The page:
3. Dietary olive oil supplemented with fish oil, rich in EPA and DHA (n-3) polyunsaturated fatty acids, attenuates colonic inflammation in rats with DSS-induced colitis.

    PubMed

    Camuesco, Desirée; Gálvez, Julio; Nieto, Ana; Comalada, Mònica; Rodríguez-Cabezas, M Elena; Concha, Angel; Xaus, Jordi; Zarzuelo, Antonio

    2005-04-01

    Previous studies proposed a protective role of the dietary intake of (n-3) PUFA in human inflammatory bowel disease (IBD), but almost no studies have been performed using olive oil. The aims of the present study were to test the beneficial effects of an olive oil-based diet with or without fish oil, rich in (n-3) PUFA, in the dextran sodium sulfate (DSS) model of rat colitis and to elucidate the mechanisms involved in their potential beneficial effects, with special attention to the production of some of the mediators involved in the intestinal inflammatory response, such as leukotriene B(4) (LTB(4)), tumor necrosis factor alpha (TNFalpha) and nitric oxide (NO). Rats were fed the different diets for 2 wk before colitis induction and thereafter until colonic evaluation 15 d later. Colitic rats fed the olive oil-based diet had a lower colonic inflammatory response than those fed the soybean oil diet, and this beneficial effect was increased by the dietary incorporation of (n-3) PUFA. A restoration of colonic glutathione levels and lower colonic NO synthase expression occurred in all colitic rats fed an olive oil diet compared with the control colitic group that consumed the soybean oil diet. However, (n-3) PUFA incorporation into an olive oil diet significantly decreased colonic TNFalpha and LTB(4) levels compared with colitic rats that were not supplemented with fish oil. These results affirm the benefits of an olive oil diet in the management of IBD, which are further enhanced by the addition of (n-3) PUFA. PMID:15795419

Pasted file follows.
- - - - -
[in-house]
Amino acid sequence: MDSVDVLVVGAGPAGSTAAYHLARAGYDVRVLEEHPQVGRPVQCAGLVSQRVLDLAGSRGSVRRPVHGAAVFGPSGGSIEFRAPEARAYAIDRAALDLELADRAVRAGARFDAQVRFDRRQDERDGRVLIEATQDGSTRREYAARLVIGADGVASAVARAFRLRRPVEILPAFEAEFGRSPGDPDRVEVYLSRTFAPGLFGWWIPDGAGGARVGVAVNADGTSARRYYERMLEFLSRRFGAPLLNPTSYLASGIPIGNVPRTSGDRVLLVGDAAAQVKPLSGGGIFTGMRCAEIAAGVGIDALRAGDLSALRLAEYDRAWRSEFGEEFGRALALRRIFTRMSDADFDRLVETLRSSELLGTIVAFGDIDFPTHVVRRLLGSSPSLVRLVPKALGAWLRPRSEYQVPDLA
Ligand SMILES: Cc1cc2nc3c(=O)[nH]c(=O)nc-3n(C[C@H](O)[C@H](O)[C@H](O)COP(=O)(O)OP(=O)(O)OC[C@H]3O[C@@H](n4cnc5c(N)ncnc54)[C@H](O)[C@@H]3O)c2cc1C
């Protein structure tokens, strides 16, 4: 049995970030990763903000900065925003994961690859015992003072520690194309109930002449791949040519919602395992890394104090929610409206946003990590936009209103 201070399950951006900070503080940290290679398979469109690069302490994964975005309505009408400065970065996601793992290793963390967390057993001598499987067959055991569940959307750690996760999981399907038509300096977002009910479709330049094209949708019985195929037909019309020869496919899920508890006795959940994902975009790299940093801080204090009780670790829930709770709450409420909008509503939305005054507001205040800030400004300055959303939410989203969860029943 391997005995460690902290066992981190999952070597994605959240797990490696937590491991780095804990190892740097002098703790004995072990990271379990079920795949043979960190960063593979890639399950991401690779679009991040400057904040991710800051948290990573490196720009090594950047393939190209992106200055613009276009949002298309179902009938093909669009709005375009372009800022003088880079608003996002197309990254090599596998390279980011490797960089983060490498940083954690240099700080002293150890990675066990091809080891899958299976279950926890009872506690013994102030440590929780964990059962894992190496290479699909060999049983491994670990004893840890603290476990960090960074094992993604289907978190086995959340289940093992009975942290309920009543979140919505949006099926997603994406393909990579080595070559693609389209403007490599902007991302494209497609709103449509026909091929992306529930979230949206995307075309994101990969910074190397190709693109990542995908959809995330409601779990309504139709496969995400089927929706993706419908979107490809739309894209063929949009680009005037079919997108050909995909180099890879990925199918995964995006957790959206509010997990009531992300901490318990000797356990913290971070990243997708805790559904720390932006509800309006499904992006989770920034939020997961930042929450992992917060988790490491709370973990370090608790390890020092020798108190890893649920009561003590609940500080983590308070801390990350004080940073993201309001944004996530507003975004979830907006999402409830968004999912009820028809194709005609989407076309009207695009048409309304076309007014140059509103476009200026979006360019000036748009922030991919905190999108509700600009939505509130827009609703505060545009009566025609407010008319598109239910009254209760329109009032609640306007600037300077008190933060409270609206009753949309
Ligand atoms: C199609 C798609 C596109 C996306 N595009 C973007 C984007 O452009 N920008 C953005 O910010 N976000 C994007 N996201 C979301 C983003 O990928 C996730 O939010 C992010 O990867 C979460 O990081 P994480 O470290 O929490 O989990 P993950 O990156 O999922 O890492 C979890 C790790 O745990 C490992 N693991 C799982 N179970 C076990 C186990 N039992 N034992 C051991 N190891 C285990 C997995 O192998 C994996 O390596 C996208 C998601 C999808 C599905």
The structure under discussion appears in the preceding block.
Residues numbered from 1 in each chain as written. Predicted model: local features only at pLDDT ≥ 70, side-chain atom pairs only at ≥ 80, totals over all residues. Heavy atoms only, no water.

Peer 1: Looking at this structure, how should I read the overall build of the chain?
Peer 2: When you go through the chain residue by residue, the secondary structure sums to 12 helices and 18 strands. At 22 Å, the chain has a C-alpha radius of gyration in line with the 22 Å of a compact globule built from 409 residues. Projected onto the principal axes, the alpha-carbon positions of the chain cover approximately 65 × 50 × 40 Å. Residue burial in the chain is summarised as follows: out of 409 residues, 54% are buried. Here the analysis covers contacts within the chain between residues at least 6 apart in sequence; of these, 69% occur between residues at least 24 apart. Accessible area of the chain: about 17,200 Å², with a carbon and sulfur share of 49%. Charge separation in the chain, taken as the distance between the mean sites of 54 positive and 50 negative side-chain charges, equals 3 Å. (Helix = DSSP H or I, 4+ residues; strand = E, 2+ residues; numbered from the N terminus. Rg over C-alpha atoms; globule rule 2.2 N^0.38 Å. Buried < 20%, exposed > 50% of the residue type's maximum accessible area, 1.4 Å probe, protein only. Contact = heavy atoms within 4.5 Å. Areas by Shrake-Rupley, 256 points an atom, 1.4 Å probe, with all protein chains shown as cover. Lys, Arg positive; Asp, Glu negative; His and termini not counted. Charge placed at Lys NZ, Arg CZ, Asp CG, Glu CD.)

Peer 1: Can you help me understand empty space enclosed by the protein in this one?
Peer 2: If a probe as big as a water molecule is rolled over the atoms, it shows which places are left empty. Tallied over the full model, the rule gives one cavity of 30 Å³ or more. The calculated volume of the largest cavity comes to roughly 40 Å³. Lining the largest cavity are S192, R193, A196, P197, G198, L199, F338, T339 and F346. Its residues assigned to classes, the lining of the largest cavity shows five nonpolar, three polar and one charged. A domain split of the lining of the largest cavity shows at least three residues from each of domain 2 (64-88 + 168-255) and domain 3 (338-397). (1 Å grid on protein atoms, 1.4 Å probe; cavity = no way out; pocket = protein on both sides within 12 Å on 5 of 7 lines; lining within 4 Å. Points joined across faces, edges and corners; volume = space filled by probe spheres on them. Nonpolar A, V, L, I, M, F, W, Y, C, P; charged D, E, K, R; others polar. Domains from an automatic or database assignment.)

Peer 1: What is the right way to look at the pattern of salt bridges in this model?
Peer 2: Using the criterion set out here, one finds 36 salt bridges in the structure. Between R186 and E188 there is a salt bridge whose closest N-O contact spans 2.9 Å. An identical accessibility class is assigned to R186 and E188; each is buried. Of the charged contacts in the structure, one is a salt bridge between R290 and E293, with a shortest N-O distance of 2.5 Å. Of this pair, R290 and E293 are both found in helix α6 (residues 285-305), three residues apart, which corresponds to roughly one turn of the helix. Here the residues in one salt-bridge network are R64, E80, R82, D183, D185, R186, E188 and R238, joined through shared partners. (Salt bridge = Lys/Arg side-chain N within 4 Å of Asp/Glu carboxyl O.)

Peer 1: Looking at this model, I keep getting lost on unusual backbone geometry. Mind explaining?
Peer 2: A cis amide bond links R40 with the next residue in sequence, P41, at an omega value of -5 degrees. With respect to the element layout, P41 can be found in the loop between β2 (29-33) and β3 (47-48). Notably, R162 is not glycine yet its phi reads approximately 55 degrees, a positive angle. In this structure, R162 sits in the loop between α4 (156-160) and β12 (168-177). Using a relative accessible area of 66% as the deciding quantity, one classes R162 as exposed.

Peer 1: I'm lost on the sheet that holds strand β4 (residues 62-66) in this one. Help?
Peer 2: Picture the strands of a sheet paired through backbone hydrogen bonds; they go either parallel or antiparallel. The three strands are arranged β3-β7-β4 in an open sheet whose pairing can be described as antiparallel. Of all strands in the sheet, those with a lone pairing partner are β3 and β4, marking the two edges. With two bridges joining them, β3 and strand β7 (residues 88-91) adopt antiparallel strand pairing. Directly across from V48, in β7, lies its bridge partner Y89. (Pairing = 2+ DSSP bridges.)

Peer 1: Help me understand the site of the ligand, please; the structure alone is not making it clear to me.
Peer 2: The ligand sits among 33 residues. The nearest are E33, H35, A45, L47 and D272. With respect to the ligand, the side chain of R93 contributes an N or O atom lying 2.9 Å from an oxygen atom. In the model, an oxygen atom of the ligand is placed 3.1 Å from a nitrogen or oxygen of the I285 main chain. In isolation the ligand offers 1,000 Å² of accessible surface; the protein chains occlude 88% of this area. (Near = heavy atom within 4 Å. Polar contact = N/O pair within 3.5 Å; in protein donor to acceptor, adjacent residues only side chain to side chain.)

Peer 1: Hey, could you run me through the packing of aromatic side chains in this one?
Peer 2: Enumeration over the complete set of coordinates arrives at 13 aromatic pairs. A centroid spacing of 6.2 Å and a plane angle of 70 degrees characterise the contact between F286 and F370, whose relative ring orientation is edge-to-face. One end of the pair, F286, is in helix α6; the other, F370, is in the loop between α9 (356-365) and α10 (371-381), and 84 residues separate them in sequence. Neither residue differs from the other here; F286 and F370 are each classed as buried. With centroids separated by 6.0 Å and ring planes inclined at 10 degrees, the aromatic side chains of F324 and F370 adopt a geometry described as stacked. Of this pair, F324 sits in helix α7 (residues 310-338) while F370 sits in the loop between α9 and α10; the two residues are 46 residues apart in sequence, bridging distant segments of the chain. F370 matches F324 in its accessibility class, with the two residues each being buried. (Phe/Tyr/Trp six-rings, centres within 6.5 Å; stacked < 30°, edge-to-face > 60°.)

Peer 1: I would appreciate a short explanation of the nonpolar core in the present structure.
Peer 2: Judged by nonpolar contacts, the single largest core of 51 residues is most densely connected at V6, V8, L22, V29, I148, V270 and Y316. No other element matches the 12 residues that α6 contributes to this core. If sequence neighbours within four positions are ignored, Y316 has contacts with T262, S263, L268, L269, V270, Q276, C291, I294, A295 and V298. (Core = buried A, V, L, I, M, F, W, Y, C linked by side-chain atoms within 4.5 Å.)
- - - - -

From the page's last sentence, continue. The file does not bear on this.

4. Tofacitinib in ulcerative colitis.

    PubMed

    Archer, Thomas P; Moran, Gordon W; Ghosh, Subrata

    2016-05-01

    Cytokines orchestrate immune and inflammatory responses involved in the pathogenesis of ulcerative colitis (UC). Protein kinases are essential for signal transduction in eukaryotic cells. Janus kinases (JAKs) are a family of protein tyrosine kinases that play a pivotal role in cytokine receptor signaling. Indeed, a major subgroup of cytokines use Type I and II cytokine receptors which signal via the activation of JAKs. Tofacitinib is an oral JAK inhibitor that has been studied in autoimmune pathologies, including UC and rheumatoid arthritis with good overall efficacy and acceptable safety profile. This literature review was performed with the goal of summarizing the knowledge on JAK inhibitors in UC treatment. PMID:27140405